Please note: The Schmidt Firm, PLLC is no longer accepting Pradaxa claims. If you feel that you may have a potential case, we urge you to locate another law firm adequately suited to handle your claim.
January 7, 2013 — Lawyers involved in the Pradaxa (dabigatran) litigation will begin negotiating a potential settlement this year. Judge David Herndon issued a Unified Case Management Plan in October 2012, which requires lawyers to select settlement counsel by July 1, 2013. Beginning in August, they will meet once per month with a mediator to discuss a possible settlement. Judge Herndon has also scheduled four “bellwether” trials to begin one year later, in August 2014, which will commence if a settlement cannot be reached.
The litigation currently involves about 120 Pradaxa lawsuits. They have been transferred into a federal Multi-District Litigation (MDL) before Judge Herndon in the U.S. District Court for the Southern District of Illinois. This year, parties for both sides will begin deposing expert witnesses. They will also select the plaintiffs for the first trials.
The trials, known as “bellwether” trials, are a common way of expediting a resolution of large pharmaceutical litigation. Although a settlement can be reached at any time during the litigation, decisions in the bellwether trials can help settlement negotiations because they provide a gauge for how a jury might decide other cases with similar injuries or legal questions.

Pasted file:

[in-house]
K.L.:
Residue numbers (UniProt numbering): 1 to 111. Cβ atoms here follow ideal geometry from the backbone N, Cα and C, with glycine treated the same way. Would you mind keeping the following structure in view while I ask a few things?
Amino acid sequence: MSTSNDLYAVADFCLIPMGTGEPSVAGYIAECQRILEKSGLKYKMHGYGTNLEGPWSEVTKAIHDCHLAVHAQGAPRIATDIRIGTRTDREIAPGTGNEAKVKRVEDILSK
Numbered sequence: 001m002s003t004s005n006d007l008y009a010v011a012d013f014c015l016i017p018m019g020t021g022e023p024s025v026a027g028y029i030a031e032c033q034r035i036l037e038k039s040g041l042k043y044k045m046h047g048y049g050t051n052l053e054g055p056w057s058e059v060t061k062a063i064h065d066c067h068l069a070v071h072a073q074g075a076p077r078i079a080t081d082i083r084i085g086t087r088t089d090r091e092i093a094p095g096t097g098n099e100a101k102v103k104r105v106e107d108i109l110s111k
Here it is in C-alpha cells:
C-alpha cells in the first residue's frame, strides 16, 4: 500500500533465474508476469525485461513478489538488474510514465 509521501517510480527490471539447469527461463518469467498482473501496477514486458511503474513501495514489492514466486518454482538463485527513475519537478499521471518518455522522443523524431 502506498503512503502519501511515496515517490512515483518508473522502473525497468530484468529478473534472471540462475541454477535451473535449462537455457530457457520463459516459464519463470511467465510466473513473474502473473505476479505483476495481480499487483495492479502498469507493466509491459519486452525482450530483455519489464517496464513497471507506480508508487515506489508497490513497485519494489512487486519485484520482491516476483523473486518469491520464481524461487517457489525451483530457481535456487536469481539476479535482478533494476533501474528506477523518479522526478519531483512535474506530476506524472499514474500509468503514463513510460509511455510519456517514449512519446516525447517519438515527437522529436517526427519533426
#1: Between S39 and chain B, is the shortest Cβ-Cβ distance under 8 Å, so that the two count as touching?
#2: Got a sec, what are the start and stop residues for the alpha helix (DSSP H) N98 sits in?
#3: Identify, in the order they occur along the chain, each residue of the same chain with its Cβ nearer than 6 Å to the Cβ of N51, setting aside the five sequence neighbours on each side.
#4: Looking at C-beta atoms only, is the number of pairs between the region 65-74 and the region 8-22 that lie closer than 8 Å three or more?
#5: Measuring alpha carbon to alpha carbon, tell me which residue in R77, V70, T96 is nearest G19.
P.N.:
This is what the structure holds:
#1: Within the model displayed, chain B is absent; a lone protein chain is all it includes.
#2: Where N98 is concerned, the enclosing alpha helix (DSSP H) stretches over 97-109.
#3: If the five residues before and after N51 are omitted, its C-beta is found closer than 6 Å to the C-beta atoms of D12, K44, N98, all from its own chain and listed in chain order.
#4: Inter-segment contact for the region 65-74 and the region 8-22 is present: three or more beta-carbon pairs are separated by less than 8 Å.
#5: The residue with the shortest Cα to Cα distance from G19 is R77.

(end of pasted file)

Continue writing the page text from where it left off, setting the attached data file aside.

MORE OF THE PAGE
The first trials in the Pradaxa litigation have been scheduled for the following dates:
- MDL Bellwether # 1 — August 11, 2014
- Connecticut State Court Trial — September 22, 2014
- MDL Bellwether #2 — November 3, 2014
- MDL Bellwether #3 — January 5, 2015
- MDL Bellwether #4 — February 16, 2015
The lawsuits have been centralized in an MDL because they all involve similar circumstances. Pradaxa (dabigatran), a blood-thinning medication, was introduced in 2010 as the first major competitor for Coumadin (warfarin), a blood-thinner that has been used since the 1950s. One difference between Pradaxa and warfarin is that while warfarin can be inactivated with a dose of Vitamin K, Pradaxa can only be inactivated with hours of dialysis treatment. Most of the lawsuits have been filed by people who allege that the manufacturer, Boehringer Ingelheim, did not do enough to warn about the serious risk of uncontrollable bleeding in Pradaxa patients.